CA Institute calls for special audit of scrapped currency deposits
11 May 2017
With the Reserve Bank of India yet to reconcile with the physical cash balances of specified bank notes, six months after the government's demonetisation drive, the CA Institute has urged a focused ''special audit'' of deposits that flowed into the banking system during the demonetisation period.
The fact that the RBI has not been able to fully assess the quantum of deposits of the demonetized Rs1,000 and Rs500 notes and realise any black money, if at all, has been admitted by RBI itself.
In a 15-page response to questions from the Standing Committee on Finance, headed by Congress MP Veerappa Moily, in April, the central bank has said that the accounting of the specified bank notes (SBNs) at the currency chests needed to be reconciled with the physical cash balances to eliminate accounting errors and possible double counting.
''Till this process is completed, any estimate may not indicate the actual numbers of SBNs that have been returned. RBI is taking all steps to complete the process expeditiously so as to release firm figures of SBNs received at an early date,'' the note said.
The CA Institute has now urged the finance ministry and the Reserve Bank of India to allow its members to undertake focused ''special audit'' of deposit flows into the banking system during the demonetisation period, which started on 8 November and ended on 31 December last year.
There is a need to assess the demonetisation impact at each of the bank branches vis-à-vis the RBI circulars on this issue and gauge the extent of compliance, Nilesh Vikamsey, president, Institute of Chartered Accountants of India (ICAI), told BusinessLine in an interview on Wednesday. ''Whether the compliance with RBI circulars or government intent has happened or not in each branch is something that needs to be assessed and a focused special audit of demonetisation is the need of the hour,'' Vikamsey said.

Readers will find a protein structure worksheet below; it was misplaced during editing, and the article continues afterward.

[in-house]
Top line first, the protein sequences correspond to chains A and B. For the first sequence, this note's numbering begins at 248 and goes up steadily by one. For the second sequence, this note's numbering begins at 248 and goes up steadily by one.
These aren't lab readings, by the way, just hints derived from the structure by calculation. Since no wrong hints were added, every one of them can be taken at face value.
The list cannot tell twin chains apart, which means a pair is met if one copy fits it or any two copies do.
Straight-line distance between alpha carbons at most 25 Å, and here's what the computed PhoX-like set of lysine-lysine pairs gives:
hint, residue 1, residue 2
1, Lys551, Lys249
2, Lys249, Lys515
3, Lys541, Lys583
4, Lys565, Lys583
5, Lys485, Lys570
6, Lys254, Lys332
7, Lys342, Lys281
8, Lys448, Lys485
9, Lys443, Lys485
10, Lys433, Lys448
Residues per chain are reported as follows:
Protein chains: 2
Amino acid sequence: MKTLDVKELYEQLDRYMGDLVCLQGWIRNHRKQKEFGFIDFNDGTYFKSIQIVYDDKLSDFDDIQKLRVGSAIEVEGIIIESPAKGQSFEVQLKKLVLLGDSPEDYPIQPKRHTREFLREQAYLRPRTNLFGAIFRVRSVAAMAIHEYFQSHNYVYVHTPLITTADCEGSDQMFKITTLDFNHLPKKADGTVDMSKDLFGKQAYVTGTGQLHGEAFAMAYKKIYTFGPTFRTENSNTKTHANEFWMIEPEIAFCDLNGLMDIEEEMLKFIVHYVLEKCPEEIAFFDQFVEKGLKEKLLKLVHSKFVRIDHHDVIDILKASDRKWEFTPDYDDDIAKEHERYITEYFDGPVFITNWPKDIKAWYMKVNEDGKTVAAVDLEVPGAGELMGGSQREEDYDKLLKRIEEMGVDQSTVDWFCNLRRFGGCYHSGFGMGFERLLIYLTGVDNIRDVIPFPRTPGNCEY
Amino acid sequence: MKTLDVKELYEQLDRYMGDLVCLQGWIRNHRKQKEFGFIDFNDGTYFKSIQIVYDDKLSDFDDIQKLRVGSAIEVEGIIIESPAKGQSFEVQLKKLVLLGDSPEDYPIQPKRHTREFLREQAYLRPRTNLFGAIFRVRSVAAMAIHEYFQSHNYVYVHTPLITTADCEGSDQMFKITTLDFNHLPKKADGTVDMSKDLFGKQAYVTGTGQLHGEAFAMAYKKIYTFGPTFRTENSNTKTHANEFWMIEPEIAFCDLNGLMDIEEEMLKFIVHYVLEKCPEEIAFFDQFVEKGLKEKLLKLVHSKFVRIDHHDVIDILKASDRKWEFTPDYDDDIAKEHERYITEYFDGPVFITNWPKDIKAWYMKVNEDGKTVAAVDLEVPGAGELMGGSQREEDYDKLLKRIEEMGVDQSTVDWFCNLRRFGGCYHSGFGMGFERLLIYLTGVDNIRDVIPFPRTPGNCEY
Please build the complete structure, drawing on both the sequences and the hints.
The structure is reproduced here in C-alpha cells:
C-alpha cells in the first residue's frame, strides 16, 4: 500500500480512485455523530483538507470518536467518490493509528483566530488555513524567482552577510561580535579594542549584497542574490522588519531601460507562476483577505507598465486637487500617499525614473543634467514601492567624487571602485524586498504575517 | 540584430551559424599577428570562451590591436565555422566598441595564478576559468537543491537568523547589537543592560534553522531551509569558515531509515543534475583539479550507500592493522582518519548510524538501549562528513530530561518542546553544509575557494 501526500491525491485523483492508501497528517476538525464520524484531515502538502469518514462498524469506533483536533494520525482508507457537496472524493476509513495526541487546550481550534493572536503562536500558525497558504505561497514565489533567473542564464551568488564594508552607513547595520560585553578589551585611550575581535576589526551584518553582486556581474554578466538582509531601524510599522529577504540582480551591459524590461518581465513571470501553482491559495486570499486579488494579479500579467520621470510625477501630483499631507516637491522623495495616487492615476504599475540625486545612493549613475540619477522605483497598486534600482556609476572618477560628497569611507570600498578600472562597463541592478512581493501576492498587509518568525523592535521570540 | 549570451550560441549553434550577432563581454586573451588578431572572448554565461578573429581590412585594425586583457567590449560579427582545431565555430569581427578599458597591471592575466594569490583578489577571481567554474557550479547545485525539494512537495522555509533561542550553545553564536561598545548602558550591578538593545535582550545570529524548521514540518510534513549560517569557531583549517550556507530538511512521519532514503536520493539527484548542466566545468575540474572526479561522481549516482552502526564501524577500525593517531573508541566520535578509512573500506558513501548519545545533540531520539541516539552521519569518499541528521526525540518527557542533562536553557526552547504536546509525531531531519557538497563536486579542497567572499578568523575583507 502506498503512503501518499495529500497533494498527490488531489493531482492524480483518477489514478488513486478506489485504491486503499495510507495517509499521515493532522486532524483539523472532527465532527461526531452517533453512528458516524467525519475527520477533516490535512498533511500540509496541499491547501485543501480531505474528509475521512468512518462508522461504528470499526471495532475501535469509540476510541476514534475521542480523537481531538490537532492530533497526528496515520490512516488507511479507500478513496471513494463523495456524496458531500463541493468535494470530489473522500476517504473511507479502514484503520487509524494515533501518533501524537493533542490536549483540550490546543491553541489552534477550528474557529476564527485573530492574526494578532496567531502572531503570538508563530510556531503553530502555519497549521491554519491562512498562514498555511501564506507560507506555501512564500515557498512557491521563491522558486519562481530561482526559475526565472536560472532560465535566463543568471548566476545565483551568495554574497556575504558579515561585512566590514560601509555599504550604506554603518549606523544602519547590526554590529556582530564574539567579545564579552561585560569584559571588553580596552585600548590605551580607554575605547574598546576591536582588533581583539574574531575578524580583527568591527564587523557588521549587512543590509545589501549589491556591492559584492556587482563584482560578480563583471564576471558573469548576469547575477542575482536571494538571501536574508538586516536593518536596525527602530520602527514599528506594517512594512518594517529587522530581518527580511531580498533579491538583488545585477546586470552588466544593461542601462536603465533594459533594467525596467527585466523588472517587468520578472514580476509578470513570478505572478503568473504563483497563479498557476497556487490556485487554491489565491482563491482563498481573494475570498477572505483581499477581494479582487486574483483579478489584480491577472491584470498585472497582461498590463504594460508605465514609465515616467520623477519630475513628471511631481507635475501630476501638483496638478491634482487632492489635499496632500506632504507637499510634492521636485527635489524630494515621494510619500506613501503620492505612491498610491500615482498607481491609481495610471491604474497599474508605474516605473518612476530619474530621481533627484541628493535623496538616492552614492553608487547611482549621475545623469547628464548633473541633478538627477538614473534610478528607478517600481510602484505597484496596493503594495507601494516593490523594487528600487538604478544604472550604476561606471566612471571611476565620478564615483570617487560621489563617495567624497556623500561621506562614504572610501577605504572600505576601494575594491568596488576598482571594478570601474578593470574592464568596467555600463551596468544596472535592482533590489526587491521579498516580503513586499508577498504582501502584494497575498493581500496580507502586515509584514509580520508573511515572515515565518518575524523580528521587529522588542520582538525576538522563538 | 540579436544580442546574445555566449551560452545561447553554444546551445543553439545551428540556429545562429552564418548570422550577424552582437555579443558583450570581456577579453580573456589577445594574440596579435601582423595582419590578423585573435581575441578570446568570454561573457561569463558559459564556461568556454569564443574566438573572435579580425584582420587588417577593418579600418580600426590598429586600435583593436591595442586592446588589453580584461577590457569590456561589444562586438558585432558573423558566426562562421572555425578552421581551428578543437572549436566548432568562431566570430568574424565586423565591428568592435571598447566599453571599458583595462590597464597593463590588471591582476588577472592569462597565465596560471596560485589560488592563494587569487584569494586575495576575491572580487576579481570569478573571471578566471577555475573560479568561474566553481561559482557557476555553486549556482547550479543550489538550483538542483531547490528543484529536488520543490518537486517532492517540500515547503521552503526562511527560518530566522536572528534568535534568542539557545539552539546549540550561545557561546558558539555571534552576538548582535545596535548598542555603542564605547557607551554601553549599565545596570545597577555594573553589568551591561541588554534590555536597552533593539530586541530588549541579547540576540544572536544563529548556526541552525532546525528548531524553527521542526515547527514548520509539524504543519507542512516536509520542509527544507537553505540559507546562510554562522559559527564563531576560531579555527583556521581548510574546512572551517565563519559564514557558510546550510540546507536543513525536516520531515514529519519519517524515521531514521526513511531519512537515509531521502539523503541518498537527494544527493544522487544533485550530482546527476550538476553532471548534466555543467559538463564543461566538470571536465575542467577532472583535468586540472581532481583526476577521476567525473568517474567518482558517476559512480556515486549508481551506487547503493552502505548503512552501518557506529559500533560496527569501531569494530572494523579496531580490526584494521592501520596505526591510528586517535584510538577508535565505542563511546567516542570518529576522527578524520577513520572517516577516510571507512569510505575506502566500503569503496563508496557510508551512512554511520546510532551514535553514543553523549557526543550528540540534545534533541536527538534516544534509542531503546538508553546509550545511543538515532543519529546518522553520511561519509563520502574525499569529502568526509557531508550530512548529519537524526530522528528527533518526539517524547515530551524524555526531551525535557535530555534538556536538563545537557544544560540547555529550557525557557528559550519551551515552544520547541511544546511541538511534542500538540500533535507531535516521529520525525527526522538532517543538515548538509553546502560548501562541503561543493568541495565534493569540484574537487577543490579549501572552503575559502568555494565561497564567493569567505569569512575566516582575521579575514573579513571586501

The CA Institute also plans to take this suggestion on ''special audit'' to the Central Board of Direct Taxes (CBDT), he added.
Banks had reported over 91 lakh cases where deposits of demonetised currency have exceeded Rs2 lakh in each case.
''We have members all over the country including small towns. If a specific scope is made out, we can help the RBI…help the government and regulators in whatever they want to identify and verify,'' said Vikamsey.
Vikamsey also pointed to four public sector banks (PSBs) approaching the CA Institute to develop software that could be used for centralised appointment of branch auditors in a bank. ''The whole idea is to improve the auditor appointment process and ensure that there are scientific criteria and no adhocism or arbitrariness,'' he said.
The RBI had directed banks to have a centralised appointment of branch auditors through software.
The PSBs could either have their own software or bank upon a third party (the CA Institute) to develop the software, the RBI had allowed. The new process of appointment of branch auditors for public sector banks will take effect from 2017-18.
''We are happy that we have moved at least one level. Ideally, we would have liked RBI to set up the software and give it to them. They (RBI) have given freedom to the banks to have their own software. Be that as it may, we have actually progressed one step.
''We actually wanted an independent agency to develop the software so that there is no iota of any bias anywhere,'' the report quoted Vikamsey as saying.
The CA Institute has been opposed to the government's decision to give freedom to the public sector banks to appoint their own auditors.